I know Juan Manuel Santos and every other Latin American president tingle with the irony of Europe facing severe debt problems yet not wanting to impose austerity measures. From Reuters:
Santos, who is visiting London to boost trade and investment in Latin America's third most populous country, said his biggest worry was "that the industrialised countries are not capable of taking the correct decisions and showing the world they can get out of their crisis".
Asked what those decisions were, Santos said: "The same decisions that those same countries told us in Latin America to take a few years ago. Exactly the same ones."
OK, but also remember that Latin American populism did not come of an economic vacuum, which is something no one seems to be discussing when they call for politically insulated technocrats to run economies and do "what's necessary." Those who call for structural adjustment in Europe should keep that in mind.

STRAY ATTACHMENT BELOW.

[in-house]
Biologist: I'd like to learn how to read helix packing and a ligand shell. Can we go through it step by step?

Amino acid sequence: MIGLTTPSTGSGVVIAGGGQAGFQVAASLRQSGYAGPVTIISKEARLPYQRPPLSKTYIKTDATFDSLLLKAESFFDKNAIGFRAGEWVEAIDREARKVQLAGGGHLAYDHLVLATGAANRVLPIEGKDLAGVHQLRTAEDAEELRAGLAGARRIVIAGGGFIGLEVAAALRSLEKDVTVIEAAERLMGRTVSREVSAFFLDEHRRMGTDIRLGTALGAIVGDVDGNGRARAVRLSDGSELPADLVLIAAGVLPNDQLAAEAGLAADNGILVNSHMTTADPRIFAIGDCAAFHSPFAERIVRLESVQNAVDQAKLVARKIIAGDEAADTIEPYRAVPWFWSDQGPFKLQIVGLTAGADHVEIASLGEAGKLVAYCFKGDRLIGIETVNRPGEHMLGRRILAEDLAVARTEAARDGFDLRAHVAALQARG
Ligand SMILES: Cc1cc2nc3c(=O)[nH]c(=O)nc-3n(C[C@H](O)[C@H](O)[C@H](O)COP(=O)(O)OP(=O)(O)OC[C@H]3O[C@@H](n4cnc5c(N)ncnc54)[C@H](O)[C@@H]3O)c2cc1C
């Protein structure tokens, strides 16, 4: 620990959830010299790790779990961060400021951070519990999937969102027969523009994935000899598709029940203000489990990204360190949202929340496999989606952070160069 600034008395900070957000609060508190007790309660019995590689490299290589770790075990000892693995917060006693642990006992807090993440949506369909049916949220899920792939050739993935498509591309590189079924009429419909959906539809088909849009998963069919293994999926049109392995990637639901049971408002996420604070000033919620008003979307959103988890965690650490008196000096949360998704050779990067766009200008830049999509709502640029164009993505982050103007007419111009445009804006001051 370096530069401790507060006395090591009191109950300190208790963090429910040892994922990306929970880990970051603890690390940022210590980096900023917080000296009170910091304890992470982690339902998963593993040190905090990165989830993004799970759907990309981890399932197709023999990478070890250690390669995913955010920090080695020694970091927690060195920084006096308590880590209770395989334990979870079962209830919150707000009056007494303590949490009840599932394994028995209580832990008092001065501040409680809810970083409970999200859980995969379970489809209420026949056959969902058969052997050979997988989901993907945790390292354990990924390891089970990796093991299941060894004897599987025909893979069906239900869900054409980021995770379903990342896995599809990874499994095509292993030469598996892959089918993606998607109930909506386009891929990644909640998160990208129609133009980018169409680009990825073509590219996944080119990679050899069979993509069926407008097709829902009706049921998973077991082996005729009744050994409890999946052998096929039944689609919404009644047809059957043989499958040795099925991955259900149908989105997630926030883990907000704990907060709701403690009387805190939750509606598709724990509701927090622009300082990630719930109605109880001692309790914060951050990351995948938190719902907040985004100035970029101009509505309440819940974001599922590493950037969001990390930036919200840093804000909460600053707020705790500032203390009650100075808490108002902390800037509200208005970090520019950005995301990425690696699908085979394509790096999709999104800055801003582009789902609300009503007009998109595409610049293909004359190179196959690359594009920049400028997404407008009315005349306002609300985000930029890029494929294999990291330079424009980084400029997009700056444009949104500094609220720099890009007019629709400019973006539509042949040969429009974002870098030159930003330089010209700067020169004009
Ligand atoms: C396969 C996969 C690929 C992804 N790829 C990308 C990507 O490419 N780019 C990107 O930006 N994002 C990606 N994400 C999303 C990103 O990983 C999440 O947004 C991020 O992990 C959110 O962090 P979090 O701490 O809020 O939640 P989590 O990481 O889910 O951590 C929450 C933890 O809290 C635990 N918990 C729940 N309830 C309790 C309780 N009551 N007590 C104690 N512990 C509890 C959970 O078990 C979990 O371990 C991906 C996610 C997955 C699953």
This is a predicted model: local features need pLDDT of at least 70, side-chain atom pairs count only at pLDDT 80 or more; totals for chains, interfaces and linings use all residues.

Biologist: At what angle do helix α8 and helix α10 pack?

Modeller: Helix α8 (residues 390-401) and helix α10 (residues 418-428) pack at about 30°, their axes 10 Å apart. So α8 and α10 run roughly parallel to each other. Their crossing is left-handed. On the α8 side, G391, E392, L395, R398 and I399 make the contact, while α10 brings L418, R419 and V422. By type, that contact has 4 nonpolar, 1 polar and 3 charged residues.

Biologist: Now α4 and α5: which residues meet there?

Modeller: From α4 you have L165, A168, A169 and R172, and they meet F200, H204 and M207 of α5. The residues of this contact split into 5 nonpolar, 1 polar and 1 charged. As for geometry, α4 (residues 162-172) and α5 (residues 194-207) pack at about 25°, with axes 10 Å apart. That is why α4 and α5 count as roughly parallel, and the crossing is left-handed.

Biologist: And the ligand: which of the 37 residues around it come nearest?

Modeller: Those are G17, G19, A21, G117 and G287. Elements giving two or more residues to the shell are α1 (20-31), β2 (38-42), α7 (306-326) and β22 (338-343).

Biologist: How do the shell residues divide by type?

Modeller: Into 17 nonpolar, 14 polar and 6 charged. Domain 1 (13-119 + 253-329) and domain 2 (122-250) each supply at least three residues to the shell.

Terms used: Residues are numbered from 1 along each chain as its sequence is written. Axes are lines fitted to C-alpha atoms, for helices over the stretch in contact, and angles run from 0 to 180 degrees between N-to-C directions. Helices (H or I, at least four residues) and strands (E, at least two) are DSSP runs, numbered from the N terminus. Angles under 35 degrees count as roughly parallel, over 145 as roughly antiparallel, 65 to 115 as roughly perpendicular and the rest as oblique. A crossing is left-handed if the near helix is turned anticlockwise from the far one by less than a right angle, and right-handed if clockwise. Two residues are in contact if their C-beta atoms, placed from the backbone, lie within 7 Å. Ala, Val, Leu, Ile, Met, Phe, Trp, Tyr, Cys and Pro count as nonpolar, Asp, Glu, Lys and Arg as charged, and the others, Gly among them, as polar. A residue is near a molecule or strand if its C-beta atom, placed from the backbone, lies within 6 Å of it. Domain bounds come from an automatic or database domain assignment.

Imagine a scenario where a government that used to be flush imposes severe austerity measures, thus prompting riots. It even decides to bring in the army. Then it turns out factions of the army aren't so happy with fat cat government officials enacting policies under international pressure that increase poverty. Some of those officers in turn try to overthrow the government. When they fail, one in particular decides to go ahead and run for president on a revolutionary platform. The ruling class is in such disarray and so delegitimized that it can't do much more than watch as he wins. In the absence of shock therapy, that sequence of events would not have occurred.